Musing on Musical Gentrification: Singers Using Other Singers in Commercialised Hip-Hop & R&B
Now, as a young and naïve Commercial Hip-Hop & R&B fan in the 00s, I remember dancing in front of the TV to various catchy hook-based tunes from *NSync, Dream, Justin Timberlake, Britney Spears and, of course, Jennifer Lopez. This is somewhat embarrassing to look back on considering my stance on that sort of music now, but, hey, it happened. And it sounded really good.
Really, I should say “commercialised Hip-Hop & R&B”, as the process of making the sort of music I just described involved a lot of taking and then tweaking (usually watering down) various elements of the original genre for a more mainstream audience. As most of the acts that do this rely heavily on external help from songwriters, managers, producers and their labels, they have a similar level of pre-meditation to their identity to the “manufactured” artists of The X Factor, American Idol, Fame Academy and the like. One of the biggest problems I have with this phenomenon is that these acts are almost always white, while in the Hip-Hop and R&B industry, 99% of the acts are black. It’s as if the board rooms at these big labels have consciously decided that as part of the effort to make this music more accessible, they should recruit white acts. It feels as though the whole identity and culture attached to the original genres has been stripped away. It makes me uncomfortable, to say the least, but I’ll touch on that more another day.
No, today, I’m speaking on a specific aspect of this commercialised music, the use of (black) back-up singers. (Brackets, because they are always black.)
Jennifer Lopez is probably the most guilty of at least failing to mask the other singers’ voices when they effectively sing her parts. I used to love ‘Play’, until I heard it in a Topshop dressing room the other day and noticed that the voice singing the chorus sounded distinctly different to Jennifer’s, but oddly familiar. After a minute of thinking and flailing my arms about into an acrylic t-shirt, I realised that it was in fact R&B singer Christina Milian. The already growing black mist of cynicism in my post-adolescent soul expanded about 3 cubic-centimetres more.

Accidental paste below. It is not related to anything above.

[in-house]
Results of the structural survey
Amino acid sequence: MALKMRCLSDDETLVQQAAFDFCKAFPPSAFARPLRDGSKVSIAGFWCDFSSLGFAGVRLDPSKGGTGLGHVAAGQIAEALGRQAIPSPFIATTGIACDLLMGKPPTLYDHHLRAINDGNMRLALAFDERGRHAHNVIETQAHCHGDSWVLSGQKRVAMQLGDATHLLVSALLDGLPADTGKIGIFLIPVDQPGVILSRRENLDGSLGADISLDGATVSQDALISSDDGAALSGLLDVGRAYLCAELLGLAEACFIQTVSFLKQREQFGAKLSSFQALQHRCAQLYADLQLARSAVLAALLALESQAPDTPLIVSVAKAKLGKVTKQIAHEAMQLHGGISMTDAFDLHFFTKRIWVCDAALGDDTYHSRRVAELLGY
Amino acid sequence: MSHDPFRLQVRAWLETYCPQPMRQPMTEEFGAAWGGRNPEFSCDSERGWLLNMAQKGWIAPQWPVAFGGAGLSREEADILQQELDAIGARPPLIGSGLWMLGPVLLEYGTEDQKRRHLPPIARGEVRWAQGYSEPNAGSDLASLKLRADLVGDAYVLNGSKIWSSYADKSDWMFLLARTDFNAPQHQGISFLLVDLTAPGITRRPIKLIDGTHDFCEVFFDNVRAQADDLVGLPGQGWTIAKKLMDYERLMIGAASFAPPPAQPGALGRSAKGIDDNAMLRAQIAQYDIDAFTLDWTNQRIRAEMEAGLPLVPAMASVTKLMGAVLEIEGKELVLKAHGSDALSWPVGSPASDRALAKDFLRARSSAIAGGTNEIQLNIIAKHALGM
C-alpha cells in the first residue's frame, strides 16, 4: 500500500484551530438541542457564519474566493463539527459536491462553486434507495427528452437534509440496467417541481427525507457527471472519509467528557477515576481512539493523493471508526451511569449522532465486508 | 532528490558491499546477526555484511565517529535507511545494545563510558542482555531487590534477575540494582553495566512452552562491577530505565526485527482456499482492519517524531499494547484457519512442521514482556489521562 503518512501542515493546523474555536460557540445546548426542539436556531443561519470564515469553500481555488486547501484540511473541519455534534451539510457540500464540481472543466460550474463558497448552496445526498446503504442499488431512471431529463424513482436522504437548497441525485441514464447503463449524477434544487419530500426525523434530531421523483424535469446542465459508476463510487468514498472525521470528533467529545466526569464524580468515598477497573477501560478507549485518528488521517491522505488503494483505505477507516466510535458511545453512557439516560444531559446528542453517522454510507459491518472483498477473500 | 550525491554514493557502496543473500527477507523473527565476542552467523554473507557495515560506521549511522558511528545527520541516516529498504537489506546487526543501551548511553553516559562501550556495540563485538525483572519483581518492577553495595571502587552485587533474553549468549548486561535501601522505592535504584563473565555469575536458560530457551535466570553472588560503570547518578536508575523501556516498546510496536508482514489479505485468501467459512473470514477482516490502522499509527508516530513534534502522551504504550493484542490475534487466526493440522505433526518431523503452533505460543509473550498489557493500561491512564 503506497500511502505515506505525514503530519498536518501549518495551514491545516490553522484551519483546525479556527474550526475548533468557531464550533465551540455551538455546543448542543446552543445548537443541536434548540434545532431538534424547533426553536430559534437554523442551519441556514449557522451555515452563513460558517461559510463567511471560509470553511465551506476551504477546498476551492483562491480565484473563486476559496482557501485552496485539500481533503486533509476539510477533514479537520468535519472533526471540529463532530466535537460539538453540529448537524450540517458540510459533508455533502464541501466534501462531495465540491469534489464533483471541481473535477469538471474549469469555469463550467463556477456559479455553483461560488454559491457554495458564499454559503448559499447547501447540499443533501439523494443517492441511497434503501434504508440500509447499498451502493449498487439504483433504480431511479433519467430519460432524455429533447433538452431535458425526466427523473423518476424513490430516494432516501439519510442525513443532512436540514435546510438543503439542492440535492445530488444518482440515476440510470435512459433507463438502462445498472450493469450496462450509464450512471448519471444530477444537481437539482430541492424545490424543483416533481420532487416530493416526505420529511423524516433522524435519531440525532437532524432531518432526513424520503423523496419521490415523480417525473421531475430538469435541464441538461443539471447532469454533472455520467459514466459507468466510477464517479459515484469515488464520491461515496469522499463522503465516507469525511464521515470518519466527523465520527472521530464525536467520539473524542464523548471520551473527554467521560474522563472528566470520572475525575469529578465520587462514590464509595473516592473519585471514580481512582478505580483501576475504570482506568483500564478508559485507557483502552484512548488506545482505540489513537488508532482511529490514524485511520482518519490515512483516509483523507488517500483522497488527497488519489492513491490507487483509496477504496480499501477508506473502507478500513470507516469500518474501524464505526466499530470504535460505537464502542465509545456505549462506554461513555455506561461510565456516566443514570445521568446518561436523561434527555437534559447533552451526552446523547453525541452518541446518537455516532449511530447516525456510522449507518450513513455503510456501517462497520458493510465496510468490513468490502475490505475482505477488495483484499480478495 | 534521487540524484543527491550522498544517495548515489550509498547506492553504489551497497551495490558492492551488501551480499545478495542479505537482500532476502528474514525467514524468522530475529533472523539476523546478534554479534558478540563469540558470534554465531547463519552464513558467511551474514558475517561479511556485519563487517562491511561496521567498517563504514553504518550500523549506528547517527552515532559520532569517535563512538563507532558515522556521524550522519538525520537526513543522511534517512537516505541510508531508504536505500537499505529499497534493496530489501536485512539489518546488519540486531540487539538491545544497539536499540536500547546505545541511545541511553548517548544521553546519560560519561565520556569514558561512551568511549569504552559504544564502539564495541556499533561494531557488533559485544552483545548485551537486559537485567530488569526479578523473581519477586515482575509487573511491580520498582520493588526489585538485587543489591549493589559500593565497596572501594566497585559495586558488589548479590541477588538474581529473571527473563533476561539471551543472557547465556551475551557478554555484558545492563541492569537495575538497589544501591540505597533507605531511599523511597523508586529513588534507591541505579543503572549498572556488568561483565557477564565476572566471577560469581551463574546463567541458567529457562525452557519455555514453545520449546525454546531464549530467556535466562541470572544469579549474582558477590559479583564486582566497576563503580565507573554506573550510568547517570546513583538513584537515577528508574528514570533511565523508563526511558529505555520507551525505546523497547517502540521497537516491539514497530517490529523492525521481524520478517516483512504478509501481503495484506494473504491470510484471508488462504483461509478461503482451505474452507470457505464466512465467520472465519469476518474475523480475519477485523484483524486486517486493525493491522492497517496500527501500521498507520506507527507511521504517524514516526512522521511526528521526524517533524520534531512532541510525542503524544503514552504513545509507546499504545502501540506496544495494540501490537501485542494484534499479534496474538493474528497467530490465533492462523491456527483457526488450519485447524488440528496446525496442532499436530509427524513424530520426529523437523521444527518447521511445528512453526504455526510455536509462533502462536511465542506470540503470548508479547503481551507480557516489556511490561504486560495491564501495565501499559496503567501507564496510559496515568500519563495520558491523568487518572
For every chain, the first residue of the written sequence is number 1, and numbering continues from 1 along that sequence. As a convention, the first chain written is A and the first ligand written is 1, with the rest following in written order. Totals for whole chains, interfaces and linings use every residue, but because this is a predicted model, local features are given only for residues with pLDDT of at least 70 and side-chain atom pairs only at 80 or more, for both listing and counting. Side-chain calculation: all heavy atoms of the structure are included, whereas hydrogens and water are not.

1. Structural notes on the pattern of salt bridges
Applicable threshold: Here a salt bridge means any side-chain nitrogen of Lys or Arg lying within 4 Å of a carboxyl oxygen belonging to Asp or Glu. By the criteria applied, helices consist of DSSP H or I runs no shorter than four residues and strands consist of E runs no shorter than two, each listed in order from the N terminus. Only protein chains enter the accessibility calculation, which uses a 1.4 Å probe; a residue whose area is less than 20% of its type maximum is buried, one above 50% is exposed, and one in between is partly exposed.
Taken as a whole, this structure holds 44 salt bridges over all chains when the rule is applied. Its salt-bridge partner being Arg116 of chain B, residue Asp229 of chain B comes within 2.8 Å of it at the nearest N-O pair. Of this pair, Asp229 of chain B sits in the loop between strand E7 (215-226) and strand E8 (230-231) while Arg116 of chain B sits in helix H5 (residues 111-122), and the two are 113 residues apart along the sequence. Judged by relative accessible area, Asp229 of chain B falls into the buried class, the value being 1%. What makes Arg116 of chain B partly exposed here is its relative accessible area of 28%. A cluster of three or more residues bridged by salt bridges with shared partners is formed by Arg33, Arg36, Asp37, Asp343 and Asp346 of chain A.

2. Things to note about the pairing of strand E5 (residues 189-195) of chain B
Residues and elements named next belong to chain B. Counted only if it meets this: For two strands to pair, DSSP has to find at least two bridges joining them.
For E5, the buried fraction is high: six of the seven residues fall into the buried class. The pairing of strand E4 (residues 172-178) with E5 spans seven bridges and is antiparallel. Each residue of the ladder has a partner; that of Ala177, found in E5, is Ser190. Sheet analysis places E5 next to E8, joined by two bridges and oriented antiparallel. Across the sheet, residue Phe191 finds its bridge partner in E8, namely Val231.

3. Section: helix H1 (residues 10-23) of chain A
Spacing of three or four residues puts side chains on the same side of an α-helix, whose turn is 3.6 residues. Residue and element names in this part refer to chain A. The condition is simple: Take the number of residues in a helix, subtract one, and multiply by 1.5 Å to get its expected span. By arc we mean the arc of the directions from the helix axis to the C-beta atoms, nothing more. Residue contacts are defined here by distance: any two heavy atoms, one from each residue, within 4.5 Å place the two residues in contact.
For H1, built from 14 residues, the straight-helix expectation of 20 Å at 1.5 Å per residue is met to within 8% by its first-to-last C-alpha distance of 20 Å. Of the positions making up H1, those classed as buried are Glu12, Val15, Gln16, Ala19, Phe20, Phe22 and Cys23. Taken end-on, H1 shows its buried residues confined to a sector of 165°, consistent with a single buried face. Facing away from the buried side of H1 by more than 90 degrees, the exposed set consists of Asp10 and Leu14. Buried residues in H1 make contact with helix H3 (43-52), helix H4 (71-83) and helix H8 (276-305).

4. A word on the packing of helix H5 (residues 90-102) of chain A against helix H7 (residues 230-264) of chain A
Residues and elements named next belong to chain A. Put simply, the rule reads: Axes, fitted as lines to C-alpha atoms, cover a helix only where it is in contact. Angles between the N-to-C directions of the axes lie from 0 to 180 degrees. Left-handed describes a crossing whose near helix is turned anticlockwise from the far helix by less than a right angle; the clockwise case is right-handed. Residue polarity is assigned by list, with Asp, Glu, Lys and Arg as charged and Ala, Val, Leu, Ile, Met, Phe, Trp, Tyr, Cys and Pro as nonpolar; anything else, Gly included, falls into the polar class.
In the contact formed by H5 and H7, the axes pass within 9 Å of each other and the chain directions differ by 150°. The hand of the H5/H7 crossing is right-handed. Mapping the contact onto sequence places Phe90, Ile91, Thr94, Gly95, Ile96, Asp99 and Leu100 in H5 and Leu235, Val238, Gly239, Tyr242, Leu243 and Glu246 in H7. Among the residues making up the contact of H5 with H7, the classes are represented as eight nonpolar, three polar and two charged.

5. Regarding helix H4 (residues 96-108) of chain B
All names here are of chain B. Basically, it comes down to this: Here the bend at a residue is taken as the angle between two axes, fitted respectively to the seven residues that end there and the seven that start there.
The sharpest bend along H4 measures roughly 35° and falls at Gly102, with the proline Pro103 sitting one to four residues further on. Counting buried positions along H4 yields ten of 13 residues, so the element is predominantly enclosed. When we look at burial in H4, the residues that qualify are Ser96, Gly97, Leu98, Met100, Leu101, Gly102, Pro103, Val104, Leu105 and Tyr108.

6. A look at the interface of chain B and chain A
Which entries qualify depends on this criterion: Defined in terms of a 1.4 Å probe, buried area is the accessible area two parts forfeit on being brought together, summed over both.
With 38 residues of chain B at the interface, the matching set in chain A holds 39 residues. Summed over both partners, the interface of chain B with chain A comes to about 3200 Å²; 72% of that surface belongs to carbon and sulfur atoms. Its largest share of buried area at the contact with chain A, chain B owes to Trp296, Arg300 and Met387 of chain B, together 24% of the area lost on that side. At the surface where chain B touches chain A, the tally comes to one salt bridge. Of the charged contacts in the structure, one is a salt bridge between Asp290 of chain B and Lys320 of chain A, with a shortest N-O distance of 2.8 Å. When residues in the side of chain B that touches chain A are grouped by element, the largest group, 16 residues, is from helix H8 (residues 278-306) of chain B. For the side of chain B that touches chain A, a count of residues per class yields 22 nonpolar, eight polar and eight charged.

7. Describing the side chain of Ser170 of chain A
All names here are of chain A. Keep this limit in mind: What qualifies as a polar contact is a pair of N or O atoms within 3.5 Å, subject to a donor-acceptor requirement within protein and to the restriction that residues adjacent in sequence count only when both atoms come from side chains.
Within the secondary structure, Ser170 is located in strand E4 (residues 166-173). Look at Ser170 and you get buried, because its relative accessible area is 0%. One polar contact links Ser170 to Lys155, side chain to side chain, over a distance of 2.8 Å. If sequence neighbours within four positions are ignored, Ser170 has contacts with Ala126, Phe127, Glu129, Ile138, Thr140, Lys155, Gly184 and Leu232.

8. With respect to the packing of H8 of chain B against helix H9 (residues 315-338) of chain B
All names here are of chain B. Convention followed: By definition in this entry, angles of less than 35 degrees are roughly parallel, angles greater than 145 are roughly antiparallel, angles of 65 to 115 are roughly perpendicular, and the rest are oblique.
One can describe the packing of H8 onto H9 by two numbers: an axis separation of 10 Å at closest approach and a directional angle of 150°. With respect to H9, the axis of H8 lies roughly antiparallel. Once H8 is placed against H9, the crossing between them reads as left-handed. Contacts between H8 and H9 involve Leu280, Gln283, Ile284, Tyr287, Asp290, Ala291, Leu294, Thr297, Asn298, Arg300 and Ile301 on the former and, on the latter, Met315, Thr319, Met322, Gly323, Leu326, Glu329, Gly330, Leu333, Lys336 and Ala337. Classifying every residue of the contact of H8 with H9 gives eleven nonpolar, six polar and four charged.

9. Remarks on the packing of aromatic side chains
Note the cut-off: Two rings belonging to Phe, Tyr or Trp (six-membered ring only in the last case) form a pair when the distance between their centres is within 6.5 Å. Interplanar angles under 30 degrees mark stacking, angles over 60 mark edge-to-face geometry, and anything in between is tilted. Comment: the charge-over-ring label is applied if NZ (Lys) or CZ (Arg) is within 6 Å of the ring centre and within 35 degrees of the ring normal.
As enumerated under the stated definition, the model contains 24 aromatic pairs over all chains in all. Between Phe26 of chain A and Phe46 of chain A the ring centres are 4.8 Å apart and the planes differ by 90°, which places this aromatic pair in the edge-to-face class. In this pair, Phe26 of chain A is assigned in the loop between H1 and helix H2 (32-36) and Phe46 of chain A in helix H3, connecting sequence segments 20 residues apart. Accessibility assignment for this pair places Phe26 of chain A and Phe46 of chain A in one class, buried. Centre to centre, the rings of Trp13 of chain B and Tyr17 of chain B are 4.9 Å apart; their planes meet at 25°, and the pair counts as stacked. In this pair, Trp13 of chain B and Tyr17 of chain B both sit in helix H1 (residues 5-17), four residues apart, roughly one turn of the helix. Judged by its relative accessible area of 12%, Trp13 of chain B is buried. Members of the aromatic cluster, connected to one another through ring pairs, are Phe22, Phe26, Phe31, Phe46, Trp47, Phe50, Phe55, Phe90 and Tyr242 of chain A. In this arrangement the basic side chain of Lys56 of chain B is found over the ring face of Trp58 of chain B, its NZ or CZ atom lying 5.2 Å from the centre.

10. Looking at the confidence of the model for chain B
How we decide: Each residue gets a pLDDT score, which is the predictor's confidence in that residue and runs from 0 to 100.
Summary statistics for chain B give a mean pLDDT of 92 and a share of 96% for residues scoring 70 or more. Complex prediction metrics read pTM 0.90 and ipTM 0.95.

Unsurprisingly, in ‘I’m Gonna Be Alright’, I’m pretty sure I can hear Soul singer Angie Stone in the chorus, even though she isn’t credited. So it continues.
Perhaps her management had been so flagrant in their use of other singers because it was the early 00s, and the big exposés of autotune and poor live performances hadn’t really emerged yet. But also, perhaps, because Jennifer was of Latin-American descent, assuming that her non-white status would give her more leeway in claiming connection to R&B music despite her (sorry guys) clear lack of vocal talent. No actual R&B act would have done this, however, without at least giving the other artist a credited feature. This is a Pop characteristic.
But what’s wrong with that? The Black Eyed Peas used Justin Timberlake uncredited in ‘Where Is The Love?’, some may argue. Apart from the obvious, “The Black Eyed Peas suck and employed a white female singer to get commercial appeal” response, I’m pretty sure Fergie could have handled those notes herself, and Justin was added purely for sonic enhancement. To thicken the sound, you could say.
Then why did Jennifer use these R&B acts? My own answer isn’t clear. I’m not sure. Using authentic R&B artists when you’re trying to imitate an R&B sound has merit, but not crediting those artists on the track seems shady. It’s as if they’re not worth the commercial attention, as if they need to be hidden. It gives me strong Milli Vanilli vibes.
Something’s not right, to put it plainly.